New York still reaping more money from feds than taxes paid — but for how much longer?

NYS Comptroller Tom DiNapoli warns that a budget crisis looms in the MTA’s future unless ridership increases faster than the agency predicts.
Courtesy of NYS Comptroller’s office

When it comes to fairness in the New York-to-Washington tax dollar exchange, things have been looking favorably for the Empire State, a report issued Thursday by NYS Comptroller Thomas DiNapoli shows. 

But just how long this good economic news will last is another question, with pandemic relief programs ended or ending, and state lawmakers at a standstill with New York’s long overdue budget. 

‘Constructive dialogue’ needed: DiNapoli

Taking a deeper look at the numbers, New York state in 2022 generated $361.8 billion in federal taxes and benefited from $383 billion in federal spending. In other words, for every tax dollar sent to the feds, the state received $1.06 in return. 

Of course, a lot of that money came from income taxes.  On a per capita basis, individual income taxes represented the largest portion of taxes paid at $11,095, which is 41.6% higher than the national average of $7,834, according to the comptroller’s analysis. New York also ranked first on per capita corporate income taxes, which were $1,976, $701 higher than the national per capita level of $1,275. 

Paying income taxes is never fun, but in addition to it being the law, it does help the state — as does federal spending. 

According DiNapoli’s report, this is the third year in a row that New York has had a positive balance of payments, after a long history of sending more money to Washington than it receives.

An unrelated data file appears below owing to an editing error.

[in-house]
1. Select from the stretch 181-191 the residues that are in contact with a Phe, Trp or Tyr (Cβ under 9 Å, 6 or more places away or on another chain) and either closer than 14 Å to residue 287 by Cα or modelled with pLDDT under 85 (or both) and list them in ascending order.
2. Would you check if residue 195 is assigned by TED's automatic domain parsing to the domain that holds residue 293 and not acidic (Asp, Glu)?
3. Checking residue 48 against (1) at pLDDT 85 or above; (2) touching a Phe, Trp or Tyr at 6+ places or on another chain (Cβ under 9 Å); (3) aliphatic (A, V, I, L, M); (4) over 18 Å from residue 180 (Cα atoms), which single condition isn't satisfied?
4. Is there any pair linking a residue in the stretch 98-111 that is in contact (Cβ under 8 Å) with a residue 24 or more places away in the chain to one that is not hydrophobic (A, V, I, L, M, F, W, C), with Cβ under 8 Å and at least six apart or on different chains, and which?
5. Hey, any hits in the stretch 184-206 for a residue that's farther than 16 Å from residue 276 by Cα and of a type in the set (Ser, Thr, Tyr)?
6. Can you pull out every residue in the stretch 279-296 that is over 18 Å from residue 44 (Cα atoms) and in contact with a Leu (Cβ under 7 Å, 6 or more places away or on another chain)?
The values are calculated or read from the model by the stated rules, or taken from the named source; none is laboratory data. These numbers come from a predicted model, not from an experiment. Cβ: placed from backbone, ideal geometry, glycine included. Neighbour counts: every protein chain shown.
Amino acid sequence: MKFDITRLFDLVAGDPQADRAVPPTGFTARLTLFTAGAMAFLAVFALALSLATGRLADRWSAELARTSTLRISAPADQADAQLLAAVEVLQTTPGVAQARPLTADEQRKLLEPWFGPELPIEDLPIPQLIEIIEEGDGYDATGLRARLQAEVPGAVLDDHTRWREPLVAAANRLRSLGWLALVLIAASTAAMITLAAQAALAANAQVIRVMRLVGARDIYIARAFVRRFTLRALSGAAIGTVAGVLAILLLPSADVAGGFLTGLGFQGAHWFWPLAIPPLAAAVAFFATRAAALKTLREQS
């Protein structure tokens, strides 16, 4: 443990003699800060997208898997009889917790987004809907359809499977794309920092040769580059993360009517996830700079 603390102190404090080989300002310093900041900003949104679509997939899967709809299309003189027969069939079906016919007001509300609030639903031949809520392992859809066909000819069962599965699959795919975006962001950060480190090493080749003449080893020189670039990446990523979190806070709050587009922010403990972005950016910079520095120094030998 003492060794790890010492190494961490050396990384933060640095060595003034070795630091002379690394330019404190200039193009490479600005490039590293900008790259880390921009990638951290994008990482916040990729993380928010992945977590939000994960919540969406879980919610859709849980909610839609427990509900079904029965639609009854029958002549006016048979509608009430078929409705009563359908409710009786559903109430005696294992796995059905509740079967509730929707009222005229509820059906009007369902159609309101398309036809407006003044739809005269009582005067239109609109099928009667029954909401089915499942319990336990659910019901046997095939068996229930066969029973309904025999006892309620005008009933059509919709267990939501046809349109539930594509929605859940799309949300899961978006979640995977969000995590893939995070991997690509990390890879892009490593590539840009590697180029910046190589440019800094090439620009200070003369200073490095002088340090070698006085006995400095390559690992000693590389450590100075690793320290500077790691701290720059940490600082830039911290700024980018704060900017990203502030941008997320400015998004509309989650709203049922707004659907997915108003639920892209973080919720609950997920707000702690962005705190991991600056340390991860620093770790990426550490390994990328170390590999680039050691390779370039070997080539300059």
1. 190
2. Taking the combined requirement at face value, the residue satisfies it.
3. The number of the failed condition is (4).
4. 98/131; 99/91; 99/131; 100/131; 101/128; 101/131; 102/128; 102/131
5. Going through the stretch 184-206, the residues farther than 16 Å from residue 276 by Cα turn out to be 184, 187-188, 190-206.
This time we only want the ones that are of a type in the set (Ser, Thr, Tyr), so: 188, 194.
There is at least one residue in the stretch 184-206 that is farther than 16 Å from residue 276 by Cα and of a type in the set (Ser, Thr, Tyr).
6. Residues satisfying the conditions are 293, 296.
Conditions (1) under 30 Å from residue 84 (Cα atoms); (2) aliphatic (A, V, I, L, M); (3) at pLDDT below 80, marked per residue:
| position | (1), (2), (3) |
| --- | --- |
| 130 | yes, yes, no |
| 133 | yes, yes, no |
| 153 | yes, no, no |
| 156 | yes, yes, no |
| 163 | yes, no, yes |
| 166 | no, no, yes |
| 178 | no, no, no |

But much of this good news is credited to the historic federal pandemic relief funds. Though being spent down, starting in 2022, it continued to boost New York’s balance of payments with Washington.

In fact, as the emergency spending abated in many programs during 2022, a handful of states excluding New York experienced a negative balance of payments, according to the report. 

“The response to the dire economic conditions brought on by the pandemic boosted federal aid for New York and all other states,” DiNapoli said. 

But as relief efforts continue to dwindle, it raises the question: What will happen in New York next year?

“As this relief comes to an end, New York’s balance of payments with Washington may again turn negative as federal support returns to pre-pandemic levels,” the comptroller explained. “The federal budget is an effective way to produce more equitable outcomes for all Americans, and I hope this report contributes to a constructive dialogue towards that goal.”

Spending in New York

In 2022, federal expenditures in New York were high in the categories of Medicaid, Supplemental Nutrition Assistance Program (SNAP), rental and public housing assistance and transit. Federal employee wages, salaries and retirement, veterans benefits and highways ranked lower. 

While the federal return on each dollar was favorable for New York, it was still below the national average of $1.28, according to the report. Concurrently, New York generated $18,388 per capita, ranking it third in per capita contribution to the federal treasury, which was 32.4% higher than the national average of $13,888. 

Meanwhile, New York’s lawmakers continue to battle out their funding plans, as negotiations for a final state budget continue. With pandemic relief money winding down, and budget talks at a standstill, it is hard to say what lies ahead economically for the state.

More information about the comptroller’s report, including a look at flow of funds between other states and the federal government, visit osc.ny.gov.